How and why is this happening? At first, the doctors shrugged and said without concern: "oh, this just happens sometimes when someone has been on chemotherapy for such a long time." The second week, when my counts actually continued to fall instead of rebounding as expected, the doctors began to integrate a second theory: Around the end of October, I, in a week-two-druggy-haze, accidentally loaded my pill cases incorrectly, dosing myself with twice the amount of 6MP per day than my weight allows. I felt terrible all that week, but didn't discover the mistake until Jaci figured it out. This was initially dismissed by the docs as rather inconsequential, but is now figuring more heavily into their hypotheses for my current neutropenia. [One doctor told me, "you know, this medicine is toxic stuff!". Well, NO SHIT, I wanted to say, who do you think you're telling that to? Have I not been questioning whether the treatment actually causes more harm than the disease since this whole disaster commenced?] When the 3rd week of low counts rolled around, it was decided that, if my counts did not display improvement by the following visit (this Wed, Dec.5), they would conduct a bone marrow biopsy to check for some other more serious malignancy.

I reeeeally don't want my bones drilled into this week. I've got finals coming up. I just don't have time for cancer (or whatever else my body is brewing) right now.

Friday, November 16, 2007

love, through time and space

Gna-boo died yesterday. She went to sleep for an afternoon nap and never woke up. While the whole family struggles with grief and the inevitable confusion death brings, there are few alive today who could hope for a better life or a better death than Madeline Kwok's.

Some highlights (hopefully correct and not those fuzzy guesses that over the years become fact in grandchildren's minds):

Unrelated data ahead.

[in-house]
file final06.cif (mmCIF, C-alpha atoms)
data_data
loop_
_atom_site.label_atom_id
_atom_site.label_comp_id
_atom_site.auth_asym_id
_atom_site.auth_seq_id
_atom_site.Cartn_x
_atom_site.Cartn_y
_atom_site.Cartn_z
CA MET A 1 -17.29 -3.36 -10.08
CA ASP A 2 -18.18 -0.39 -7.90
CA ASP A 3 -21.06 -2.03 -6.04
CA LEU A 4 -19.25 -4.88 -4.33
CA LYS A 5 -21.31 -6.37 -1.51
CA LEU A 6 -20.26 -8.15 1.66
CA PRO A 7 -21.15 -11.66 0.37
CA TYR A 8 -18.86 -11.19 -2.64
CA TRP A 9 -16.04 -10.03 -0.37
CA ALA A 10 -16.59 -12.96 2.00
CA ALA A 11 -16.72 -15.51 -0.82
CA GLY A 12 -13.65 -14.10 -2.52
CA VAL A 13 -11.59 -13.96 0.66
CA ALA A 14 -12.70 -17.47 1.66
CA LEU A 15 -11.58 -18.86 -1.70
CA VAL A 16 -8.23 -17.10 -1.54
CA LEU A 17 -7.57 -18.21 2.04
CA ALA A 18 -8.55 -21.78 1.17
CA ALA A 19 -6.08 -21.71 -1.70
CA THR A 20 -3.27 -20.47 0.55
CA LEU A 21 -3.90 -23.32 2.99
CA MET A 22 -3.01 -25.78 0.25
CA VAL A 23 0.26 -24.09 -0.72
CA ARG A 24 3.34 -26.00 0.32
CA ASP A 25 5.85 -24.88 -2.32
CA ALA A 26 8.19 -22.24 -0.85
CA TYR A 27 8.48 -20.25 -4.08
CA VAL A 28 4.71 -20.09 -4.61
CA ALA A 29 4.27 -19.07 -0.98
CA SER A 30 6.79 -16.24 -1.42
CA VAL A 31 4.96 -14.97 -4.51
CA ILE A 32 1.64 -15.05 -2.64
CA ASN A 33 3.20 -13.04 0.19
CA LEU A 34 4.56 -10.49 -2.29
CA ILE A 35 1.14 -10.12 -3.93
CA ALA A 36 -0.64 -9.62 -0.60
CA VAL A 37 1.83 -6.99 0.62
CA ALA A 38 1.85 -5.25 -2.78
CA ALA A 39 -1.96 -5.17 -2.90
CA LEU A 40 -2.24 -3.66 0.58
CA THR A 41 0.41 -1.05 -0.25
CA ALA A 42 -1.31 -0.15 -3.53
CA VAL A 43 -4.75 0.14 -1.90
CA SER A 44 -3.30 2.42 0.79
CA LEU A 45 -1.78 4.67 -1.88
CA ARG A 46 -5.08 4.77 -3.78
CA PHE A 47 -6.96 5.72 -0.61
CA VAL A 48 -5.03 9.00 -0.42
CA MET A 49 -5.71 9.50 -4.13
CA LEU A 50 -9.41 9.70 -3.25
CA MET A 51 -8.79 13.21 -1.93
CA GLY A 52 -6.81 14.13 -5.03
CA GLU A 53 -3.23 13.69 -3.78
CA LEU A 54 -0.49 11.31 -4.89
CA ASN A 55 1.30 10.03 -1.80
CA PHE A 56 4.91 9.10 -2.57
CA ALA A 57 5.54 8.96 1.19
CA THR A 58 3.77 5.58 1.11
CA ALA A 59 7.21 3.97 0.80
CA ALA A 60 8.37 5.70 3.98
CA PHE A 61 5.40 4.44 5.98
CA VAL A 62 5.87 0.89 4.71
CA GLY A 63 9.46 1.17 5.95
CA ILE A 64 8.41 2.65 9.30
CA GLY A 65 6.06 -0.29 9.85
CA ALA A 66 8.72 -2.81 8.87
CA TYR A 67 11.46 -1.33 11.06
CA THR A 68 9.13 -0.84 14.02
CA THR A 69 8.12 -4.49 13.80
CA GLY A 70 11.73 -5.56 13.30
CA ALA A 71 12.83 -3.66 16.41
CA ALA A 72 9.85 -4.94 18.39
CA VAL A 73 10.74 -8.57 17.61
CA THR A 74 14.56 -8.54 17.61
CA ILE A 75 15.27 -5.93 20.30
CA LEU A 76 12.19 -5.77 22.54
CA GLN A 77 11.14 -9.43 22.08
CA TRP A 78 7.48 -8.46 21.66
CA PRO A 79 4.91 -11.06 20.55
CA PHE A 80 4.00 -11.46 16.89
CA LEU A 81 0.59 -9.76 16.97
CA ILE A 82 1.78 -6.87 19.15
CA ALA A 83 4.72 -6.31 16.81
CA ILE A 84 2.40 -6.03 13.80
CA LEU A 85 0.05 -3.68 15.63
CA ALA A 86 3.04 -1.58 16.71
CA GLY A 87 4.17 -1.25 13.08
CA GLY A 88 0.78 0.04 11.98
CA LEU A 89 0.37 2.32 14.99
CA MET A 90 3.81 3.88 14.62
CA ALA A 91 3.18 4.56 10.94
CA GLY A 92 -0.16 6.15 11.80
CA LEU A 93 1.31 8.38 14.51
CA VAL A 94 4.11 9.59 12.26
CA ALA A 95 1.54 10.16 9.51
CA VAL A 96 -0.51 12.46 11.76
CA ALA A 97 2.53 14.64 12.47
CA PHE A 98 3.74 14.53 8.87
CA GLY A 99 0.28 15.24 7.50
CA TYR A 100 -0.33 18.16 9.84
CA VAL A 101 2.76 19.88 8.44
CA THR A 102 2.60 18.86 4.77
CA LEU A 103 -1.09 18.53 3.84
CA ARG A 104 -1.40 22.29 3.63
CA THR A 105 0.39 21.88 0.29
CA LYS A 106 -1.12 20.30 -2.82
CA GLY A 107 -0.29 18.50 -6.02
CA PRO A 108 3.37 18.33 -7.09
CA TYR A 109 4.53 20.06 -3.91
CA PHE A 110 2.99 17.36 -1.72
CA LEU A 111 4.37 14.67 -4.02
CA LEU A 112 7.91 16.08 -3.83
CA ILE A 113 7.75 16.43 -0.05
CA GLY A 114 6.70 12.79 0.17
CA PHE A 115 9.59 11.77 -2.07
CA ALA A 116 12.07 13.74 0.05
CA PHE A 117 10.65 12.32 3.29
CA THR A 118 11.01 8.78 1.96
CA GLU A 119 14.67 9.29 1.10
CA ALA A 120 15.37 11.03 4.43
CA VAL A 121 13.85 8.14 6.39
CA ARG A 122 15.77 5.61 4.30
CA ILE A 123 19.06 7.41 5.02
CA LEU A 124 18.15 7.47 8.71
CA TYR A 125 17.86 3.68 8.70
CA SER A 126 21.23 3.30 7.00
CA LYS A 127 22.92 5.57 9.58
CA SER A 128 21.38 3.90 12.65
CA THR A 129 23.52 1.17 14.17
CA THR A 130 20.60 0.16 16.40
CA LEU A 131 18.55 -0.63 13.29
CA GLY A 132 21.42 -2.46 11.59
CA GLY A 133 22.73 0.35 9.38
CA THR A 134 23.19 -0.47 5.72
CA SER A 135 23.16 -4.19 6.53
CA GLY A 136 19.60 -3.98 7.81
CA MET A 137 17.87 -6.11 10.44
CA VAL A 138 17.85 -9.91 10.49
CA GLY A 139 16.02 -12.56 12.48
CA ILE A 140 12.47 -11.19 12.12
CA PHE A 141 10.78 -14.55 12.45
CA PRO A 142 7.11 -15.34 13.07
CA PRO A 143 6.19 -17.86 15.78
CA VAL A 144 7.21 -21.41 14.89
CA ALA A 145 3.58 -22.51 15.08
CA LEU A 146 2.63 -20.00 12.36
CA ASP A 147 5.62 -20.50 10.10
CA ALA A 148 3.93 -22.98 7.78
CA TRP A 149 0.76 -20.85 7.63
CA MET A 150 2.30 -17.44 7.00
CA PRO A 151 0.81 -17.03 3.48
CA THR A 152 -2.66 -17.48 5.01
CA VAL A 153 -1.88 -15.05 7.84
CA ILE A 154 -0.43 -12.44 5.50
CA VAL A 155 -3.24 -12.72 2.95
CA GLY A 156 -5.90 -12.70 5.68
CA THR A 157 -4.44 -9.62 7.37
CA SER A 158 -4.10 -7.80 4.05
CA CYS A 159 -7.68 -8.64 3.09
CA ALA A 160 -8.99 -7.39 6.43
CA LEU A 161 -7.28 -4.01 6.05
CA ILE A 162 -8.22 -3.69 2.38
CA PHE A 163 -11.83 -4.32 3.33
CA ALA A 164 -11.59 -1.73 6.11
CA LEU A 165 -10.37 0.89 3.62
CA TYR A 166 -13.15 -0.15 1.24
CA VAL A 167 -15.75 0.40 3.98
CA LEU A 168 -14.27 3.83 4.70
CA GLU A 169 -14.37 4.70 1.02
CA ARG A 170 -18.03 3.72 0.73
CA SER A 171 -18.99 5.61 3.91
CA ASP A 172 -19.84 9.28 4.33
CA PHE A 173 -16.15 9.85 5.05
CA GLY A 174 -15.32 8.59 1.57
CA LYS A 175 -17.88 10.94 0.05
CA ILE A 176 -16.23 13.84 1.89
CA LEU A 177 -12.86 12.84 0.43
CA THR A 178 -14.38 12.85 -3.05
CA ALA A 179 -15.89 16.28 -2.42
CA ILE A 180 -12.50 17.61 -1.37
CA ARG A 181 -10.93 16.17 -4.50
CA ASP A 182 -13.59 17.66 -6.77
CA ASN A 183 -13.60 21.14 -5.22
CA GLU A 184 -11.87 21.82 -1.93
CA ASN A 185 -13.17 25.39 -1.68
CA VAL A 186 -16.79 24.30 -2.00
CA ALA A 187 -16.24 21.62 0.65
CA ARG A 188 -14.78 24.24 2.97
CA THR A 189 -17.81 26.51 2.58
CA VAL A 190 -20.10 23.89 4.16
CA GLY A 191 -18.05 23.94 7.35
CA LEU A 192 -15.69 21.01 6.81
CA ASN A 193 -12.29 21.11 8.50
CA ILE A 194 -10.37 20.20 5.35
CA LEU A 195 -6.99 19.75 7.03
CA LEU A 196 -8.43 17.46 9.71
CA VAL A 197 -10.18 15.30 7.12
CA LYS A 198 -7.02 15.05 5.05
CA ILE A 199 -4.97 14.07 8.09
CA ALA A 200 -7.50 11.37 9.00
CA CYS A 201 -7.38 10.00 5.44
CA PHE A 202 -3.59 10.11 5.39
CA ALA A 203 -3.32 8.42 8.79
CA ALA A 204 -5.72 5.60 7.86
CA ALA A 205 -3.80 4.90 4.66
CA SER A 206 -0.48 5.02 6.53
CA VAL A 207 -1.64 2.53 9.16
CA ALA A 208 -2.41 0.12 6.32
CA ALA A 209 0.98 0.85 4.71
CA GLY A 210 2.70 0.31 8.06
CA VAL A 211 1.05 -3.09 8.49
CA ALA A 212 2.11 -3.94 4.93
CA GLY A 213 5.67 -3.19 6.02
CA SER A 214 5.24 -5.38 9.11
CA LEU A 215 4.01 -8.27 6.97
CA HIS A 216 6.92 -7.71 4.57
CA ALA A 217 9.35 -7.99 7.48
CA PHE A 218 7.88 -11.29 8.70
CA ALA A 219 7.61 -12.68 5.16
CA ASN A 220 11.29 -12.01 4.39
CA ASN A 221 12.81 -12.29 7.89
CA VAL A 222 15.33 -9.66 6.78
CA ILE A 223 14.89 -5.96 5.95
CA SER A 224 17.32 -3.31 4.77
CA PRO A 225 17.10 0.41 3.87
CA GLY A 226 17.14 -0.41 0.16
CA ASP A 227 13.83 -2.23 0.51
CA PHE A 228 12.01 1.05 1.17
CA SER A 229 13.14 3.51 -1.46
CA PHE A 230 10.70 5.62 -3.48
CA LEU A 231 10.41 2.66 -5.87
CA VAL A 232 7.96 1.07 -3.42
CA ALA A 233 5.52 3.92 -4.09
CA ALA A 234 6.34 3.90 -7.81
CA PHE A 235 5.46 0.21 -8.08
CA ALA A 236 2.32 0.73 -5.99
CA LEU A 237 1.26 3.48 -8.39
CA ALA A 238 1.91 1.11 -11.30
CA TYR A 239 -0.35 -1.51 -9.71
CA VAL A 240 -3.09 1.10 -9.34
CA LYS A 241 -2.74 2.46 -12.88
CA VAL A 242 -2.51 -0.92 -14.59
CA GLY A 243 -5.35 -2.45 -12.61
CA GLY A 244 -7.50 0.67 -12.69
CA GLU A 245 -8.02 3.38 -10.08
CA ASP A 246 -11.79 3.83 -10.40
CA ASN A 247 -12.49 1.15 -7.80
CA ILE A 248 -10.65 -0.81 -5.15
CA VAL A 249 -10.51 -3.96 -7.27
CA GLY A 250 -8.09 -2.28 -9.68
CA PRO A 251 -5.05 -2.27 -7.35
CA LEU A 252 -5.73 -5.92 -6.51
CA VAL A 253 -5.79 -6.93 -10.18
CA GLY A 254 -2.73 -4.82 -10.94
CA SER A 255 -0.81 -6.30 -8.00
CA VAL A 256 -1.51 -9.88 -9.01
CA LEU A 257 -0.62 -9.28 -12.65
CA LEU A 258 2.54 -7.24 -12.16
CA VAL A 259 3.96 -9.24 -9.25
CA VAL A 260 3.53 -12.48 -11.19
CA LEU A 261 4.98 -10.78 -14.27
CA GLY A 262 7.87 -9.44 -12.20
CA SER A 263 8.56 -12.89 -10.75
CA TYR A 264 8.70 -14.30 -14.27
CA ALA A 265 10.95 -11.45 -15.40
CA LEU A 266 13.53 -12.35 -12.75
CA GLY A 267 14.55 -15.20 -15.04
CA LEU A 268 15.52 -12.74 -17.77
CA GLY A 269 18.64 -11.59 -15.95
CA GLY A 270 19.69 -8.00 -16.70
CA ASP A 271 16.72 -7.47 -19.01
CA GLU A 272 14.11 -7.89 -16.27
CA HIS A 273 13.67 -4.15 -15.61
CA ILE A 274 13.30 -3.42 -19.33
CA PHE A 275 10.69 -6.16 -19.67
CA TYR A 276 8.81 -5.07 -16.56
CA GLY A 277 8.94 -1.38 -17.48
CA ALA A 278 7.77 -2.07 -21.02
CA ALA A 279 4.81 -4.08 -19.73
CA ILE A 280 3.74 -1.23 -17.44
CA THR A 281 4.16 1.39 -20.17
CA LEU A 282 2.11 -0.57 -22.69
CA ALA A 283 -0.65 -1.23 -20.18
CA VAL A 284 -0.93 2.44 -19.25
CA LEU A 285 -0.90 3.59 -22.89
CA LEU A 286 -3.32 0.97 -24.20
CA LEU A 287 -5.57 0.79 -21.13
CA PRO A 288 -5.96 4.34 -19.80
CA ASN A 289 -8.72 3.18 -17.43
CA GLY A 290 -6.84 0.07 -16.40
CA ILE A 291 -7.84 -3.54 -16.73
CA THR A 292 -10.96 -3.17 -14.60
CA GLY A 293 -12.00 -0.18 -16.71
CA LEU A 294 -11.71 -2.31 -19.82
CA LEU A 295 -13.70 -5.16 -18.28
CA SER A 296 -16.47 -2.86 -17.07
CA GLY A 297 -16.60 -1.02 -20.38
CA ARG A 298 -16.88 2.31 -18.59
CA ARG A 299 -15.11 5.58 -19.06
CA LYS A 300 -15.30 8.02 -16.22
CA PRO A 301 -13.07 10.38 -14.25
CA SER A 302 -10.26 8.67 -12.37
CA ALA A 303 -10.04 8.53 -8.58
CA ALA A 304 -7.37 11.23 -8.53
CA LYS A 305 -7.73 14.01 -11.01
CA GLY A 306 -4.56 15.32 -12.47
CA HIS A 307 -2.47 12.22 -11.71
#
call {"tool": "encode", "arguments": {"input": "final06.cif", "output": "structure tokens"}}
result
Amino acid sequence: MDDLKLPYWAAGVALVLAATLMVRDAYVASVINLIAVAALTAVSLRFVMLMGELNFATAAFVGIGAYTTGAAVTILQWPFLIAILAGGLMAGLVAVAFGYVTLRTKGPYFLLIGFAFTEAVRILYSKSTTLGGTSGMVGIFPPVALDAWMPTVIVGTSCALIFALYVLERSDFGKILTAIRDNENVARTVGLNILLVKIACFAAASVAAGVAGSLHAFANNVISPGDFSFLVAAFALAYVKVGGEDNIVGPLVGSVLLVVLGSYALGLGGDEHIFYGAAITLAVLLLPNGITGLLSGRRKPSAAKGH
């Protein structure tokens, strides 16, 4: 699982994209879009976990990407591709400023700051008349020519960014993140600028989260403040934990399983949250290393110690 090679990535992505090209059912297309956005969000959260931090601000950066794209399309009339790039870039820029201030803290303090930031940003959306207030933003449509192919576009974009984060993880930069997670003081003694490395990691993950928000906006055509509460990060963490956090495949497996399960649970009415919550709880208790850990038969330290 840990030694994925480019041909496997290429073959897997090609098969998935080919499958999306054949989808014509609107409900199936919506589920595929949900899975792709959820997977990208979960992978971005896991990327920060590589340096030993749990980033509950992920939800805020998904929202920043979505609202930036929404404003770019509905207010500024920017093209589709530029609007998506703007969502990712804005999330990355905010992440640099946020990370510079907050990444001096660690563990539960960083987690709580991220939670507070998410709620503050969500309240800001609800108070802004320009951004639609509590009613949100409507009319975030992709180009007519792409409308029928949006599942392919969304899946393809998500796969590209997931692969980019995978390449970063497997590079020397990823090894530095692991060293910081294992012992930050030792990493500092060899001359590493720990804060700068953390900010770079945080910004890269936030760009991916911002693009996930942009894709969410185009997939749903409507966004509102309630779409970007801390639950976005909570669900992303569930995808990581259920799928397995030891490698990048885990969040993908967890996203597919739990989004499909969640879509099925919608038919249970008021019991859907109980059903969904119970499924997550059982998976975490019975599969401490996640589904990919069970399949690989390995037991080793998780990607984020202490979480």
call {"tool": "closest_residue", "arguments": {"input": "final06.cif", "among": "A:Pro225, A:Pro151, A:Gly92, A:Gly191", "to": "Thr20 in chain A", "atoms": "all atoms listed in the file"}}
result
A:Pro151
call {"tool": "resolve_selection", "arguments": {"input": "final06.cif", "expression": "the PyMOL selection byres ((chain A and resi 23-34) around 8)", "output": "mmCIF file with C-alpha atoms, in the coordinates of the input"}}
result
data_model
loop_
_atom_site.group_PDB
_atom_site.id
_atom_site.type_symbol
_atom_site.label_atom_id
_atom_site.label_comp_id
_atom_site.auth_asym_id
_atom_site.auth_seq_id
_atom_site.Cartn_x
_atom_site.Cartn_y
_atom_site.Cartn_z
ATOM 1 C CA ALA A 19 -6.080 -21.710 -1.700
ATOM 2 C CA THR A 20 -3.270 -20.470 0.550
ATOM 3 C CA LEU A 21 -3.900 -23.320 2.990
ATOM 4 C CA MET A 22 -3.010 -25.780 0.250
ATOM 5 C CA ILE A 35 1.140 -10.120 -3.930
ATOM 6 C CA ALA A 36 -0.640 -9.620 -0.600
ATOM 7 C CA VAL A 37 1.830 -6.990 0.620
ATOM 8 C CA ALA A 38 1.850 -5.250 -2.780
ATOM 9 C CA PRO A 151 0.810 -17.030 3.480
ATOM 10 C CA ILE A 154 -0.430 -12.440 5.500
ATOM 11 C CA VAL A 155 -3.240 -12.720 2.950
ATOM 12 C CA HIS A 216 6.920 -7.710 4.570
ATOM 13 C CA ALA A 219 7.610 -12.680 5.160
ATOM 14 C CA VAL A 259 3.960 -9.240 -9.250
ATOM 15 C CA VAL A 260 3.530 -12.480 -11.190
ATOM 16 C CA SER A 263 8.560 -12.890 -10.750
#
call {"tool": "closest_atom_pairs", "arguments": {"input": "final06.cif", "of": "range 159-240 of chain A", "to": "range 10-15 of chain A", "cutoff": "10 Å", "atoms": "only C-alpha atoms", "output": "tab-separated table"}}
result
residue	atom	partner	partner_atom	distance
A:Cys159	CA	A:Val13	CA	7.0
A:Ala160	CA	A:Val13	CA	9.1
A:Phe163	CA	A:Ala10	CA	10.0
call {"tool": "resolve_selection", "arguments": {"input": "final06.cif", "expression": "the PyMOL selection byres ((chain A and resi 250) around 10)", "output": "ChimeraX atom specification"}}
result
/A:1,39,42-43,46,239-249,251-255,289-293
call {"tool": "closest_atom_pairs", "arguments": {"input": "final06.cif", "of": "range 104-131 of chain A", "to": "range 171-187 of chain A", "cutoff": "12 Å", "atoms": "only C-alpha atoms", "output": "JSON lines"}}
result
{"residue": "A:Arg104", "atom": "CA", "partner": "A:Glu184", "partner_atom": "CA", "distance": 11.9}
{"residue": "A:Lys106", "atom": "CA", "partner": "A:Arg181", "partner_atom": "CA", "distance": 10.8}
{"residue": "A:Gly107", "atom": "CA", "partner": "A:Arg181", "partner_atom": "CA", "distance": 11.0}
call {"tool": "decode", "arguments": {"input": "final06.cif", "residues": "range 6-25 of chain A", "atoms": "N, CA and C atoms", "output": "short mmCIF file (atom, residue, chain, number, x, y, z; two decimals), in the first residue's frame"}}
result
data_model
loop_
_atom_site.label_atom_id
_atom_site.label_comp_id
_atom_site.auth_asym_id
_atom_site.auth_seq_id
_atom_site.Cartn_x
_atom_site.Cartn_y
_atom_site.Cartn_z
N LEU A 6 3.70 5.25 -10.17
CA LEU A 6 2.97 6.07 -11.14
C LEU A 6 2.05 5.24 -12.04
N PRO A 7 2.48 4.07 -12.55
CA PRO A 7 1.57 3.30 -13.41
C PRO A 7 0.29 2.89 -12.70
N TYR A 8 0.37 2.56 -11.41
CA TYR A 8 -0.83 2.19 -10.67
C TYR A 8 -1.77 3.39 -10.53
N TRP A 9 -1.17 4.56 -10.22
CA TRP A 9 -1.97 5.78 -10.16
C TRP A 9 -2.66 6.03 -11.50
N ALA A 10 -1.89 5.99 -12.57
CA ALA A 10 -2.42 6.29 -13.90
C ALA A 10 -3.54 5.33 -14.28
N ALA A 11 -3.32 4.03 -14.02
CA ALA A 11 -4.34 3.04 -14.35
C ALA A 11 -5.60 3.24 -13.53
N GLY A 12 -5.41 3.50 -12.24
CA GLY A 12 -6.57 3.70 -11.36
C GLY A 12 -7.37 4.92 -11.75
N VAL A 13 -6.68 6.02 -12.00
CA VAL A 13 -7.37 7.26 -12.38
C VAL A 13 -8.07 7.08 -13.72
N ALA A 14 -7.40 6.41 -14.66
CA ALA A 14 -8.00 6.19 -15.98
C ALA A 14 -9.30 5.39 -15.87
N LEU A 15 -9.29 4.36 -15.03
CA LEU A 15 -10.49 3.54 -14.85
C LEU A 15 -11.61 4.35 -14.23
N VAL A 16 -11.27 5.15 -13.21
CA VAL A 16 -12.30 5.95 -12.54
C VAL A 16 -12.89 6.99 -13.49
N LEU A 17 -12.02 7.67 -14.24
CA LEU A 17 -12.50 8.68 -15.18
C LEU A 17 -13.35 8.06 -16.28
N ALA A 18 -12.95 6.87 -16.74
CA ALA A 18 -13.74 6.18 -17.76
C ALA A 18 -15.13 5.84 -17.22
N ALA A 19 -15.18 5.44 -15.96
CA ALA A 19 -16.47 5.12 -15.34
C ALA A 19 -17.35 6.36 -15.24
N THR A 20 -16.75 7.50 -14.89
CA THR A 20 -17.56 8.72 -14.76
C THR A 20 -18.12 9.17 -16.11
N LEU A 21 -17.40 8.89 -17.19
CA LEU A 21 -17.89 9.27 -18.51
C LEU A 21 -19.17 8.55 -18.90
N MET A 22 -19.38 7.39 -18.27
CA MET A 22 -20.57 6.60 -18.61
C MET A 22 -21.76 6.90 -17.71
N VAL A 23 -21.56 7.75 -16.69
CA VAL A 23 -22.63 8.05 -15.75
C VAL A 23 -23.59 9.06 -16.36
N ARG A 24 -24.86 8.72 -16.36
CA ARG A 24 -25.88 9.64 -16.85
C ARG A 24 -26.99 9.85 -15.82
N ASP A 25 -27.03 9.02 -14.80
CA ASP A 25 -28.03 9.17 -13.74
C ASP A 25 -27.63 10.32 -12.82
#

-Madeline lived 89 years, although she has been saying she's 90 for the past 2-3 years (because age garners respect and admiration? because she was just rounding up? because in Chinese custom, age begins 9 months prior to birth?)

-She was born in Shanghai in 1918, moved to Hong Kong in 1949, and to San Francisco in 1974.

-She was the matriarch of our family: 5 children, 9 grandchildren, and 6 great-grandchildren-- but all with personalities and partners that make the family seem so much BIGger.

-The day she got her driver's license (in HK), she got in a fender bender and was too scared to get behind the wheel ever again.

-I don't think she worked (for money outside the home) a day in her life.

-She believed in enjoying life, particularly food. She was known to say that you can't eat dollar bills, so money paid for good dining was always money well spent. Of course she loved good Chinese food, but had a special affinity for a fine slice of prime rib too.

-She was a devout Catholic, who in her later years would watch the Mass on TV on Sundays when it became difficult to get to church.

-She loved nature videos, particularly oceanographic explorations.

-She had a weekly mahjong game with other "boo-boos" in her building.

-She always wanted to please others. Even in her last days, she would mumble gratitude to those who came to visit her, eat only to make her caretakers happy, and in general try to ease the sadness and burden her deterioration was causing her children.

I asked Gna-boo about a year ago about her late husband, my namesake, Eric. With the exception of some time in the 1940s when such associations became prohibited, he worked as a distributor for American entertainment companies, such as United Artists. He was a charming, dynamic business man, at ease mingling with movie stars, a global player before the word globalization even existed. He died around 1971, almost 40 years ago. I asked my grandma if she missed him and she did not hesitate, "Yes, very much", she said.

My grandpa Eric died on November 15, 1971. His wife, my Gna-boo, died this year, 2007, also on November 15.

Funeral arrangements will be finalized today. Thank you for all of your messages of comfort and gentleness.

Tuesday, November 13, 2007

It is with a heavy and saddened heart to tell you all that Gna Boo/Grandma is fast declining. She has not eaten in 3-4 days with only a few drops of water as intake. She is very weak. She moans and flails her arms a lot and we are sedating her with morphine as well as atavin to sooth and ease her pain and discomfort. She hasn't spoken in days and barely nods or shakes her head. She seems to hear and understand when we speak to her but often there is no response. Once in a while, we get a faint nod. She frowns sometimes and seems to be displeased about something but we don't know what.
This morning when I sat with her, held her hand and kept talking to her, she seems to understand and hear me. When Willy came into her room and spoke to her, she opened her eys and smiled ever so faintly...what does that tell you, eh? We gave her a few drops of water and she took that.